For information about plant species, visit the Michigan Flora website.

Plant Lists


  • wavy hair grass (Avenella flexuosa)
  • long-awned wood grass (Brachyelytrum aristosum)
  • Pennsylvania sedge (Carex pensylvanica)
  • poverty oats (Danthonia spicata)
  • rice grass (Oryzopsis asperifolia)


  • wild columbine (Aquilegia canadensis)
  • wild sarsaparilla (Aralia nudicaulis)
  • poke milkweed (Asclepias exaltata)
  • blue-bead lily (Clintonia borealis)
  • goldthread (Coptis trifolia)
  • coral-root orchids (Corallorhiza maculata and C. trifida)
  • pink lady-slipper (Cypripedium acaule)
  • large-leaved aster (Eurybia macrophylla)
  • rattlesnake plantains (Goodyera oblongifolia and G. pubescens)
  • pinesap (Hypopitys monotropa)
  • twinflower (Linnaea borealis)
  • Canada mayflower (Maianthemum canadense)
  • partridge berry (Mitchella repens)
  • Indian-pipe (Monotropa uniflora)
  • gay-wings (Polygala paucifolia)
  • pine-drops (Pterospora andromedea)
  • large-leaved shinleaf (Pyrola elliptica)
  • starflower (Trientalis borealis)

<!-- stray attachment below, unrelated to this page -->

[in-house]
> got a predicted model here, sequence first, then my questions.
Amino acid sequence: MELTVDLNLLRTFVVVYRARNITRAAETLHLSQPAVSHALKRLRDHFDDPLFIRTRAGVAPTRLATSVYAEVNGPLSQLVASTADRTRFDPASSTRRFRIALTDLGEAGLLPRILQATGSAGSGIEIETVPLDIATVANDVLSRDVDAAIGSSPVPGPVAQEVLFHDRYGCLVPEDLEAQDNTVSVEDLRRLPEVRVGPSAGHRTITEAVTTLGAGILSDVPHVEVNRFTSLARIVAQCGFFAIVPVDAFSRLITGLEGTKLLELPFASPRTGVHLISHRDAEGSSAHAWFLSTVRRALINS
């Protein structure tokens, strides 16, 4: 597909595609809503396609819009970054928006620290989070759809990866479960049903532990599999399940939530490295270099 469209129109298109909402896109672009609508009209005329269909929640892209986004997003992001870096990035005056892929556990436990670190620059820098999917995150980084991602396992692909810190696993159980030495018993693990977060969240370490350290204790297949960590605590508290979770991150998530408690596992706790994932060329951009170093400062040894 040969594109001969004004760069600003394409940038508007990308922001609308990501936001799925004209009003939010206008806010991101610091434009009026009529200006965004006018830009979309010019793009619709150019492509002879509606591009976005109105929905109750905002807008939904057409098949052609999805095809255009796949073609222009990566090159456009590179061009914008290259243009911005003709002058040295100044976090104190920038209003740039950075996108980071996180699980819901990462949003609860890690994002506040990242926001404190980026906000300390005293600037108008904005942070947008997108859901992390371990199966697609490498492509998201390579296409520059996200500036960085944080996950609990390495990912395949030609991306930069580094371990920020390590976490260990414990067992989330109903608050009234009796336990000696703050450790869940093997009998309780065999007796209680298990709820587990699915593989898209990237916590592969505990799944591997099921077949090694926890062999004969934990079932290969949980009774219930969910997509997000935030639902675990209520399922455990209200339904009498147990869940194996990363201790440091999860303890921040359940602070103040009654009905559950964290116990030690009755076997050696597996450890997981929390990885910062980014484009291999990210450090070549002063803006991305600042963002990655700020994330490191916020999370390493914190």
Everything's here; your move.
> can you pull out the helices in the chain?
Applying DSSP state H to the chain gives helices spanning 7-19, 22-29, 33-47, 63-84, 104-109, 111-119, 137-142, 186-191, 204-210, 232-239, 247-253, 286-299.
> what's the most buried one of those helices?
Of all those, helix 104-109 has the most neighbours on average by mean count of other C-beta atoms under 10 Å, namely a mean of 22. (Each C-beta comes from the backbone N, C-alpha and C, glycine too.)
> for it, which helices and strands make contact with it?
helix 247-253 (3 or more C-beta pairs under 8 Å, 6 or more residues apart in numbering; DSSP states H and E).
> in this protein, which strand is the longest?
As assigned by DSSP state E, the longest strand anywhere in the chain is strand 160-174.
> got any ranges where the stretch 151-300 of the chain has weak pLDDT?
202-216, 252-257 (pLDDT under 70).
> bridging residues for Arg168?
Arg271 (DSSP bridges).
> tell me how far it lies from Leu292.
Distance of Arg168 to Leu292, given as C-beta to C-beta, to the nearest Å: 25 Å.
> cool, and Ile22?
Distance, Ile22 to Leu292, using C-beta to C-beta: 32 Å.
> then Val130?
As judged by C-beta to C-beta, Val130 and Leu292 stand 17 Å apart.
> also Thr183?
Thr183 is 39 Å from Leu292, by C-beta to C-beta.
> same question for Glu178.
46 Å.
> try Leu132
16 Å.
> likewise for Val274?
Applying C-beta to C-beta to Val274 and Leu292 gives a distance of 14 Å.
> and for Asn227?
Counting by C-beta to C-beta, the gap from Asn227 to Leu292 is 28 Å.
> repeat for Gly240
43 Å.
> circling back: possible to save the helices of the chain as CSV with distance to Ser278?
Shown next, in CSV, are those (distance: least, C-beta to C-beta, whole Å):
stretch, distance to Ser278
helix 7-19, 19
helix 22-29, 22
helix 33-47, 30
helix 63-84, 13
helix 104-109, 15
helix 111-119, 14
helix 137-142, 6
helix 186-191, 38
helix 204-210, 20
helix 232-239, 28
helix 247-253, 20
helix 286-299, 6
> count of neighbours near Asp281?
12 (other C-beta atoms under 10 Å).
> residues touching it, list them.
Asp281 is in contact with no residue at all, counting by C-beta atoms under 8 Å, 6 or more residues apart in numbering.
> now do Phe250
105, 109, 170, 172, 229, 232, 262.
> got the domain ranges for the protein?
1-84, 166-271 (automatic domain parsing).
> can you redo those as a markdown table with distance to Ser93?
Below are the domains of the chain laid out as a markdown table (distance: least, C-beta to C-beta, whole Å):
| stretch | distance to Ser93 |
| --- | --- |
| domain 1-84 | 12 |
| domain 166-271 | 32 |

• wood ferns (Dryopteris spp.)
  • bracken fern (Pteridium aquilinum)

Fern Allies

  • ground-pine (Dendrolycopodium obscurum)


  • serviceberries (Amelanchier spp.)
  • pipsissewa (Chimaphila umbellata)
  • bunchberry (Cornus canadensis)
  • beaked hazelnut (Corylus cornuta)
  • bush honeysuckle (Diervilla lonicera)
  • trailing arbutus (Epigaea repens)
  • wintergreen (Gaultheria procumbens)
  • huckleberry (Gaylussacia baccata)
  • witch-hazel (Hamamelis virginiana)
  • Canadian fly honeysuckle (Lonicera canadensis)
  • choke cherry (Prunus virginiana)
  • blueberries (Vaccinium angustifolium and V. myrtilloides)


  • balsam fir (Abies balsamea)
  • striped maple (Acer pensylvanicum)
  • red maple (Acer rubrum)
  • serviceberries (Amelanchier arborea and A. laevis)
  • paper birch (Betula papyrifera)
  • white spruce (Picea glauca)
  • black spruce (Picea mariana)
  • red pine (Pinus resinosa)
  • white pine (Pinus strobus)
  • big-toothed aspen (Populus grandidentata)
  • quaking aspen (Populus tremuloides)
  • white oak (Quercus alba)
  • red oak (Quercus rubra)
  • black oak (Quercus velutina)
  • hemlock (Tsuga canadensis)

Noteworthy Animals

This community provides summer nesting habitat for many neotropical migrants, especially interior forest obligates such as black-throated blue warbler (Dendroica caerulescens), black-throated green warbler (Dendroica virens), scarlet tanager (Piranga olivacea), and ovenbird (Seiurus aurocapillus). Where the community occurred in close proximity to streams and lakes, beaver likely played a role in reducing mesophytic invasion of the subcanopy and understory, selectively removing shade-tolerant species.

Rare Plants

  • Arnica cordifolia (heart-leaved arnica, state endangered)
  • Clematis occidentalis (purple clematis, state threatened)
  • Dalibarda repens (false violet, state threatened)